US Seeks Energy Strategy
Year-long effort will try to set policies to ensure supplies and protect environment. FUEL CONSERVATION
WASHINGTON — AMERICA'S energy future could be ominous - if current trends continue. Top federal officials say the United States urgently needs a national energy strategy to head off potentially serious problems in the 1990s.
Officials point to several troubling developments:
Oil production in the US fell during the first six months of 1989 to the lowest point in 25 years.
Oil output in the lower 48 states is declining at what some experts call a precipitous rate - 40,000 barrels per month.
Oil imports exceeded US crude output during the first half of 1989 for only the second time in history.
Drilling has plunged from over 89,000 new wells in 1981 to an estimated 20,000 in 1989.
American, Japanese, and European automakers have begun to emphasize cars with high fuel consumption.
Concerns about acid rain and global warming are impeding the wider use of coal, America's most abundant fossil fuel.
James D. Watkins, secretary of energy, has launched a series of nationwide hearings to explore answers to these challenges.
By late next year, Admiral Watkins wants to develop a national energy strategy that would point America toward a secure energy future, while safeguarding the environment and sustaining economic growth.
A key aspect of Watkins' plan will be a scientific model - the National Energy Modeling System. It will resemble mathematical models used by economists, but will be designed to guide policymakers on energy issues.
W. Henson Moore, deputy secretary of energy, says the model will be designed to take the guesswork out of energy planning. With its help, policymakers can make energy decisions with fewer unforeseen consequences.
For example, the model could compute the effect of a higher gasoline tax on a host of variables, including the environment, foreign trade, employment, inflation, and government revenue.
Watkins says the overall energy plan will contain short-term, medium-term, and long-term recommendations. It will be dynamic - responsive to changing technology and to political and environmental developments.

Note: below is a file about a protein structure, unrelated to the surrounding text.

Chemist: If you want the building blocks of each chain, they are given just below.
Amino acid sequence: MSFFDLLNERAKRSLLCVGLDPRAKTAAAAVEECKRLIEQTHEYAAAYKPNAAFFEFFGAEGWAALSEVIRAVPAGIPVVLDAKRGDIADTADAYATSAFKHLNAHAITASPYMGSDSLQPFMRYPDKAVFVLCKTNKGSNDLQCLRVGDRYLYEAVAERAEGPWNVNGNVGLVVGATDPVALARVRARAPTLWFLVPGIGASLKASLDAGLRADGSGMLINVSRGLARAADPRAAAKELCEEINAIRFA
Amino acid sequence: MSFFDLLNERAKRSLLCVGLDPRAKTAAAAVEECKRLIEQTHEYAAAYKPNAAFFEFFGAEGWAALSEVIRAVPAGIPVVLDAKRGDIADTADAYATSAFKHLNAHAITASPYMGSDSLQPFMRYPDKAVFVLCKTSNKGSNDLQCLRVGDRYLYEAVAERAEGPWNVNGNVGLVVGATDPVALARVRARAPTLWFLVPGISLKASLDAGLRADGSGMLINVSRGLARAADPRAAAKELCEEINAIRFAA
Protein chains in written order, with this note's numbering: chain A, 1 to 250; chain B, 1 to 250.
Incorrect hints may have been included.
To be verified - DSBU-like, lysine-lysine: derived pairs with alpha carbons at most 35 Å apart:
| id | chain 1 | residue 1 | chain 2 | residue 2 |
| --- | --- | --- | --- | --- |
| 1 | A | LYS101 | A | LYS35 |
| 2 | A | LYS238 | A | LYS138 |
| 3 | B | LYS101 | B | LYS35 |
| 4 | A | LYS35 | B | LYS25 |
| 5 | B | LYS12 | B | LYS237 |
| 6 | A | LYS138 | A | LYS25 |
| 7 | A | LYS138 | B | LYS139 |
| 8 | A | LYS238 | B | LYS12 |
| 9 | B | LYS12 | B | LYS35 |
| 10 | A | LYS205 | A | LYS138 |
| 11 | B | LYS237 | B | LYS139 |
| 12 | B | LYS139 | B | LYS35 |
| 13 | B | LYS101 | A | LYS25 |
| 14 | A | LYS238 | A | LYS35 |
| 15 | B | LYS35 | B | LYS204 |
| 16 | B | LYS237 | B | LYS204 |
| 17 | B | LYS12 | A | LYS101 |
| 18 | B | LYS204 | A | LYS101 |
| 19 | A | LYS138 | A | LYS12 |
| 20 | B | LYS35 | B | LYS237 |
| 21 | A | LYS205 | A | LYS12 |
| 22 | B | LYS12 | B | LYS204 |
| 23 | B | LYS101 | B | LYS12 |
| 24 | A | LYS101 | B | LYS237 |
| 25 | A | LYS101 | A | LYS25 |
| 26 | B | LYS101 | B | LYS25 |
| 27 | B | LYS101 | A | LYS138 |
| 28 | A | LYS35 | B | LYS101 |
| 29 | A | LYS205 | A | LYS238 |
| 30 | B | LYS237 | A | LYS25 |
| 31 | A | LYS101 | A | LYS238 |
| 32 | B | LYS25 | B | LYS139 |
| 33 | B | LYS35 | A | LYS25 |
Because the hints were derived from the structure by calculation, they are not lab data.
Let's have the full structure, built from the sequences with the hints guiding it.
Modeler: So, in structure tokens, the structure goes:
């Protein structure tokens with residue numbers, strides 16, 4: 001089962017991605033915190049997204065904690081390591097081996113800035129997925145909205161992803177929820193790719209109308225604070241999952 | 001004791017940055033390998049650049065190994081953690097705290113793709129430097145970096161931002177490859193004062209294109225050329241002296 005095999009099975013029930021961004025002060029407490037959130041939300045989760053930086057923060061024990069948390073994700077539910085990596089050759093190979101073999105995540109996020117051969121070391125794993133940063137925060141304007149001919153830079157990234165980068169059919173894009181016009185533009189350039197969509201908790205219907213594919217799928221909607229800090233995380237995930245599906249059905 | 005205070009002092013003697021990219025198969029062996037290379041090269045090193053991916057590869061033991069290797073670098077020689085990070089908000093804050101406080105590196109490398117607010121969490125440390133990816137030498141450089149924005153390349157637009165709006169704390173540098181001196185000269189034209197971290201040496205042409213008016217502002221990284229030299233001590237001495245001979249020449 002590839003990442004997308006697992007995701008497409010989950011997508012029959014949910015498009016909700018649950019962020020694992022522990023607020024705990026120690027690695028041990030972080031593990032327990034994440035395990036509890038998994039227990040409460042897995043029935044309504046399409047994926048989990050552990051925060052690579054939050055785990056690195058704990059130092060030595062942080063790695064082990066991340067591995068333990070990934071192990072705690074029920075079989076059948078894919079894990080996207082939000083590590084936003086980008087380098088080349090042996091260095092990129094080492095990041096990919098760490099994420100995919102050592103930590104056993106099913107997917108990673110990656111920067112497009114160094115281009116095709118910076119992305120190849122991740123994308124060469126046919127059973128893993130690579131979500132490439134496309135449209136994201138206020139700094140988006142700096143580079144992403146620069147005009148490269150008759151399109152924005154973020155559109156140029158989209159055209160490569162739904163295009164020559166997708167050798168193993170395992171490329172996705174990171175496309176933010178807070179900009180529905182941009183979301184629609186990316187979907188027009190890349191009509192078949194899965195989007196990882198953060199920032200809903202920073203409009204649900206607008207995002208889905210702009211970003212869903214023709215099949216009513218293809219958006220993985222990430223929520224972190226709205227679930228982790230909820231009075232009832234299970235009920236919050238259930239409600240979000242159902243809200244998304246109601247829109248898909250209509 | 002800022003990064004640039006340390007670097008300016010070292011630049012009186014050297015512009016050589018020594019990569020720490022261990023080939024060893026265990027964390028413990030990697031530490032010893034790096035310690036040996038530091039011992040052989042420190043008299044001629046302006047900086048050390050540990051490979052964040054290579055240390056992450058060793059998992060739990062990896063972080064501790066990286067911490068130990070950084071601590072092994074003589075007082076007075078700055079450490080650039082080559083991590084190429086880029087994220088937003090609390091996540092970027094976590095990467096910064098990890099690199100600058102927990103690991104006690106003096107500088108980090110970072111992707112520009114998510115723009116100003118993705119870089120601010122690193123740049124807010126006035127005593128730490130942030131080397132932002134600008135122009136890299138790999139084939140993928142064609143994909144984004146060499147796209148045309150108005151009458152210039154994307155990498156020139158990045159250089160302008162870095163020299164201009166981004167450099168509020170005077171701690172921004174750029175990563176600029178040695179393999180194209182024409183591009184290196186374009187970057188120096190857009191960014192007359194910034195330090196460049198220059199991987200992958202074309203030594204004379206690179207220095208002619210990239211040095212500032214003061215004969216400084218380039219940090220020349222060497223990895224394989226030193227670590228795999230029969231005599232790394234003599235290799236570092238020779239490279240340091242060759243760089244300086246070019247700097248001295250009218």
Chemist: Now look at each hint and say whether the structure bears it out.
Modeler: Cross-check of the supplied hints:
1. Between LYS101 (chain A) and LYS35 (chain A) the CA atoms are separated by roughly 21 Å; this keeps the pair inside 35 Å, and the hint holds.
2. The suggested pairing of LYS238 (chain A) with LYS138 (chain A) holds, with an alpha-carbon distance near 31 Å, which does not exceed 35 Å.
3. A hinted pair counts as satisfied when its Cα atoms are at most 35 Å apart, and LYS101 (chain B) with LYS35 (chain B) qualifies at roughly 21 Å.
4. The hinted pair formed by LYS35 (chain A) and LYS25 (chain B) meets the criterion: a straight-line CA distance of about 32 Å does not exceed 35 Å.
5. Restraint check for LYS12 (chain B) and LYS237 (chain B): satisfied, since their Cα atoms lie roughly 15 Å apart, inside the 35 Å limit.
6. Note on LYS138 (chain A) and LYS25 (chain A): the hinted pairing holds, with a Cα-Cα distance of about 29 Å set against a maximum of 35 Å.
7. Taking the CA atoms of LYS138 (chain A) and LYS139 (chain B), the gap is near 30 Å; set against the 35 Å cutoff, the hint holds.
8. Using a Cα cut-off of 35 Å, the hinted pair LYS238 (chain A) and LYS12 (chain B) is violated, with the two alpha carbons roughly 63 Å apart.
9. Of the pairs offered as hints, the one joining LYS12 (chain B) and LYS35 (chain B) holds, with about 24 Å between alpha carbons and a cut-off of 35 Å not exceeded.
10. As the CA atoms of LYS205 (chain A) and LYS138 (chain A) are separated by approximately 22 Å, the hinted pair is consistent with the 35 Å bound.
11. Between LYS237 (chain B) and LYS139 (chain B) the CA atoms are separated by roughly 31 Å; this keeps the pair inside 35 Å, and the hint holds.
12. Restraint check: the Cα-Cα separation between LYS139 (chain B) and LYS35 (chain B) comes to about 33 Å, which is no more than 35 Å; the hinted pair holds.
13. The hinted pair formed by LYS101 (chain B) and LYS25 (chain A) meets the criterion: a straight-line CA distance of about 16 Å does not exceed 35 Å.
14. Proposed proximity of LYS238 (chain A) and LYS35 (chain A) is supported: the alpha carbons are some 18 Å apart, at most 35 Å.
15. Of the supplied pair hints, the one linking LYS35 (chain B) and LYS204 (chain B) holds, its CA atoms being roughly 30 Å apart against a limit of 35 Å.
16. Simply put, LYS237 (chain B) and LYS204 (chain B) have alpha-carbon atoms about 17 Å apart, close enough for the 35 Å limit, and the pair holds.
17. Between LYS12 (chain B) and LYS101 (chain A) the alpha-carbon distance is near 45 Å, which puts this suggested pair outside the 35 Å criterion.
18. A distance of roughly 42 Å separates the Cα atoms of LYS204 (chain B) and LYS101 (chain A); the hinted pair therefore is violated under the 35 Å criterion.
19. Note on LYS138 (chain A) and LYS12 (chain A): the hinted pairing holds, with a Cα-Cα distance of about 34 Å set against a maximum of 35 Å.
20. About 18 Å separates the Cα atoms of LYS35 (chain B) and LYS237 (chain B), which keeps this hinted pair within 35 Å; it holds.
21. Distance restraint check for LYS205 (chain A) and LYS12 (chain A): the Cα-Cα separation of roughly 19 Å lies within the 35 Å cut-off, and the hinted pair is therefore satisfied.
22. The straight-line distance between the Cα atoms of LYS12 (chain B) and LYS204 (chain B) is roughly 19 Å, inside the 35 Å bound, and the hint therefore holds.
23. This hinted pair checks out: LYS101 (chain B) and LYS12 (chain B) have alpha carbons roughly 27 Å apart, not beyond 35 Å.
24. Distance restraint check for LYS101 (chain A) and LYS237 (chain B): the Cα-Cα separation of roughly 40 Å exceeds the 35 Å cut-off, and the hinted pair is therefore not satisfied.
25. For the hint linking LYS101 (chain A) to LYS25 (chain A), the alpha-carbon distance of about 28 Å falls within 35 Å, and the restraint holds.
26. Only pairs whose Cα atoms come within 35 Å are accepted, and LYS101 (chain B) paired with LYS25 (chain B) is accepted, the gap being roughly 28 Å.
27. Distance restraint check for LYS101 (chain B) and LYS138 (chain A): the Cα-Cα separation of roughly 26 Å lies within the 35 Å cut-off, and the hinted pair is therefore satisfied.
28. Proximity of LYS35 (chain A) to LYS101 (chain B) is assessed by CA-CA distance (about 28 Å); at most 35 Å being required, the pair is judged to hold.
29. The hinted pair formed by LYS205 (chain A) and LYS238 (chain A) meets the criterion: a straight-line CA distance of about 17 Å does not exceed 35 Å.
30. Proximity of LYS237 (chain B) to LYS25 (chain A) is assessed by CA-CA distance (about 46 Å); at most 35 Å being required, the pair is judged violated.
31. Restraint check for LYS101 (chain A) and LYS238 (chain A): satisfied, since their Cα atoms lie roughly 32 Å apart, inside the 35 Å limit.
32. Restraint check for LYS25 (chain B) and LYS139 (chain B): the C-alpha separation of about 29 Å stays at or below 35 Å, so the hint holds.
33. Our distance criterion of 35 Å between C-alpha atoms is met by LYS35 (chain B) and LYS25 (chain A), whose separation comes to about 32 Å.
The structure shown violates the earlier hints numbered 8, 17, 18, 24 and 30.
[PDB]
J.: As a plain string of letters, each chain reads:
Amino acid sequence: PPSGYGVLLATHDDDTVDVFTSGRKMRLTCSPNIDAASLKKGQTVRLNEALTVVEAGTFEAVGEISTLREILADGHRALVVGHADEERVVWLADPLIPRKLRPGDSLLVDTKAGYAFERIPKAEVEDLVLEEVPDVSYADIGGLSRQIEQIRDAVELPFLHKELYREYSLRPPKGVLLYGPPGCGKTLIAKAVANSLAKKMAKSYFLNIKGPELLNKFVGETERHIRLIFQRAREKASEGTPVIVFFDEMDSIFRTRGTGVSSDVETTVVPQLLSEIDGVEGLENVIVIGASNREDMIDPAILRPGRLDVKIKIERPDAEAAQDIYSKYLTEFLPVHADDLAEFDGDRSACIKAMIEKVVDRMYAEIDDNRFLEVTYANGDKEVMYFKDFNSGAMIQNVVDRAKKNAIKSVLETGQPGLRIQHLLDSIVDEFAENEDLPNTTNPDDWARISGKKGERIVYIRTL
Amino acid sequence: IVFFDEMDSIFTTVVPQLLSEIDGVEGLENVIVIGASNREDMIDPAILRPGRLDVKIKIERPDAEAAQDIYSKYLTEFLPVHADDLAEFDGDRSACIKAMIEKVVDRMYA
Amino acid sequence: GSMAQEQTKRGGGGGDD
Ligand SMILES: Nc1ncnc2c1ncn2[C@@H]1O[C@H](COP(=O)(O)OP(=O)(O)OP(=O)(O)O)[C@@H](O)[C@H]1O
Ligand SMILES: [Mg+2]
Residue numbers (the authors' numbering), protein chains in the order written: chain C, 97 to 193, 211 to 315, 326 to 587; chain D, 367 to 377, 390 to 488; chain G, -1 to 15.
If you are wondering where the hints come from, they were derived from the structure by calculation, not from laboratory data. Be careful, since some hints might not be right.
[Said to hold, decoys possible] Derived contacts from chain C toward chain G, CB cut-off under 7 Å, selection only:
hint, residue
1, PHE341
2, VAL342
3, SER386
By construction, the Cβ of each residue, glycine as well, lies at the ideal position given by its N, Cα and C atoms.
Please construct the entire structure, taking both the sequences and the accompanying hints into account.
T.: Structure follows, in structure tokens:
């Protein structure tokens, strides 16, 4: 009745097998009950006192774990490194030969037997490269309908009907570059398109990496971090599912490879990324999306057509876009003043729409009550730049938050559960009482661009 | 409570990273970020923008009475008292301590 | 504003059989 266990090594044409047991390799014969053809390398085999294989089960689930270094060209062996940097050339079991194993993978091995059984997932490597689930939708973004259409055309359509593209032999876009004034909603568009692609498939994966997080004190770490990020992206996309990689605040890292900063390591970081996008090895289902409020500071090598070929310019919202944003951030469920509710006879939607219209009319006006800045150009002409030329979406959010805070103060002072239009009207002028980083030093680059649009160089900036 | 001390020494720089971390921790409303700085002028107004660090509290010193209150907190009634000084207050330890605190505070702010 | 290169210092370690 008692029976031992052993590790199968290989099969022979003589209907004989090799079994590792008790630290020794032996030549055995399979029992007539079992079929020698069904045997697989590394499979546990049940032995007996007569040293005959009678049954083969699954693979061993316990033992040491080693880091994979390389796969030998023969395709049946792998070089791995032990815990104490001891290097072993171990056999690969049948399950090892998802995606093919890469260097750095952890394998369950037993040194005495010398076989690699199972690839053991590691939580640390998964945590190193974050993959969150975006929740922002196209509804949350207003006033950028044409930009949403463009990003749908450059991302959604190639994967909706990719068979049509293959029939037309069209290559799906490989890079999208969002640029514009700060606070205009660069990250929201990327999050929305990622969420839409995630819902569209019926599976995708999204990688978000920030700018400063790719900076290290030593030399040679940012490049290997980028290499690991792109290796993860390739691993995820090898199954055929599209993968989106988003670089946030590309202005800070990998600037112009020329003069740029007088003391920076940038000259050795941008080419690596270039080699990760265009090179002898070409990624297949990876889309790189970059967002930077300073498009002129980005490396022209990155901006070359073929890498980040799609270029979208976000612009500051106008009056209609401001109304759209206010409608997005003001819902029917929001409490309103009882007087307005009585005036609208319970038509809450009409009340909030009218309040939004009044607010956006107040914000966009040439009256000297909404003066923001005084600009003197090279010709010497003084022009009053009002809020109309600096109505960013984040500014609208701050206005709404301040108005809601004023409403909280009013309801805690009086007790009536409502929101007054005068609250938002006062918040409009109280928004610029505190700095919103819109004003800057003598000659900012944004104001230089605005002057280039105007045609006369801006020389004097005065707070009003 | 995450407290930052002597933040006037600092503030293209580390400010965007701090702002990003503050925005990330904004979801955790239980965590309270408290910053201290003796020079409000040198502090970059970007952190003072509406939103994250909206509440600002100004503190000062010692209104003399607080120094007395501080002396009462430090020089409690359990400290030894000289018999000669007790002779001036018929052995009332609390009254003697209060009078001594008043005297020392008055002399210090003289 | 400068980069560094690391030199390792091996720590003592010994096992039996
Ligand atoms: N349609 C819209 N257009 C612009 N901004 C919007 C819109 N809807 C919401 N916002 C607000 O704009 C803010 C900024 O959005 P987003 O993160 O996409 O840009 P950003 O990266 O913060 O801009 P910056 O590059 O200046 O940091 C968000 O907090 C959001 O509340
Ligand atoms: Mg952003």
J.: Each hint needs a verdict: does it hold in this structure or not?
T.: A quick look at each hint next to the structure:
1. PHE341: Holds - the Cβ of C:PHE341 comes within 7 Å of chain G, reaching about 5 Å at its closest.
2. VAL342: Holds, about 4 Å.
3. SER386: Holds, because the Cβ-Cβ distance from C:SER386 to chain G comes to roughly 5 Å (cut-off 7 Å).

Energy experts say this effort by the Bush administration is long overdue.
William S. Lee, chairman and president of Duke Power Company, told Watkins at a recent hearing that government policy has often left industry confused:
``During my professional career, I have seen coal plants converted to oil for air quality, [then] oil plants converted to coal because of import concerns; nuclear plants first promoted by the Congress, then discouraged; ... natural gas encouraged, then banned, then encouraged again as a generation fuel...All of which has taught our industry the virtue of being nimble.''
Current policy is so muddled that it can take years to build an electric power plant. As Mr. Lee noted, power companies find the process is so slow that the building of one plant can ``span several business cycles...and as many as eight Congresses and several presidents.''
Such bureaucracy now threatens to lead to electric brownouts, Energy Department officials warn.
Michael McCloskey, an official with the Sierra Club, praised Watkins's efforts to arrive at an energy strategy, but noted that rapidly changing world conditions will make the job difficult.
No longer is energy supply the only concern, Mr. McCloskey noted. Though oil shortages drove energy policy in the 1970s, ``the global warming problem will drive energy policies in the 1990s,'' McCloskey predicts.
Watkins emphasizes that a ``safe and healthy environment'' will be a top priority of the national energy strategy - a point endorsed by many witnesses at the hearing.
Also supported by most witnesses was the need for greater energy efficiency in everything from home heating to automobiles.
Mr. Lee of Duke Power noted that conservation efforts by his company had eliminated the need to build three new power plants, and had saved the utility and its customers millions of dollars.
Irving Mintzer, of the World Resource Institute in Washington, says that a well-conceived energy policy could help the US overcome a number of problems, including the trade deficit, the federal budget deficit, and degradation of the world's climate.
Oil imports, for example, now account for one-third of this nation's trade deficit. Witness after witness argued that the US could maintain its standard of living while cutting energy use substantially. European nations, for example, already use far less energy to produce each dollar of gross national product.
While US officials urge swift action to improve the US energy picture, they praise progress made since the early 1970s.
Today's American-made cars get twice the mileage they did in 1973. The overall US economy uses just slightly more energy than 15 years ago, yet the economy is 45 percent larger. Industry produces products with 30 percent less energy than in 1973. And a huge Strategic Petroleum Reserve, containing 570 million barrels of oil, has been stockpiled to protect against a cutoff of foreign oil.
Those efforts have given America a critical window of opportunity. But without a strategic plan, the US could hit serious energy problems in the years ahead.
Energy Department hearings will resume today in Tulsa, Okla., then continue Aug. 23 in Boise, Idaho, Aug. 30 in Seattle, and Sept. 8 in Louisville.
Watkins will present a draft of the energy plan to President Bush, the Congress, and the public by April 1, 1990. It will then be subjected to six months of public debate. The final plan will then go to the President by the end of 1990.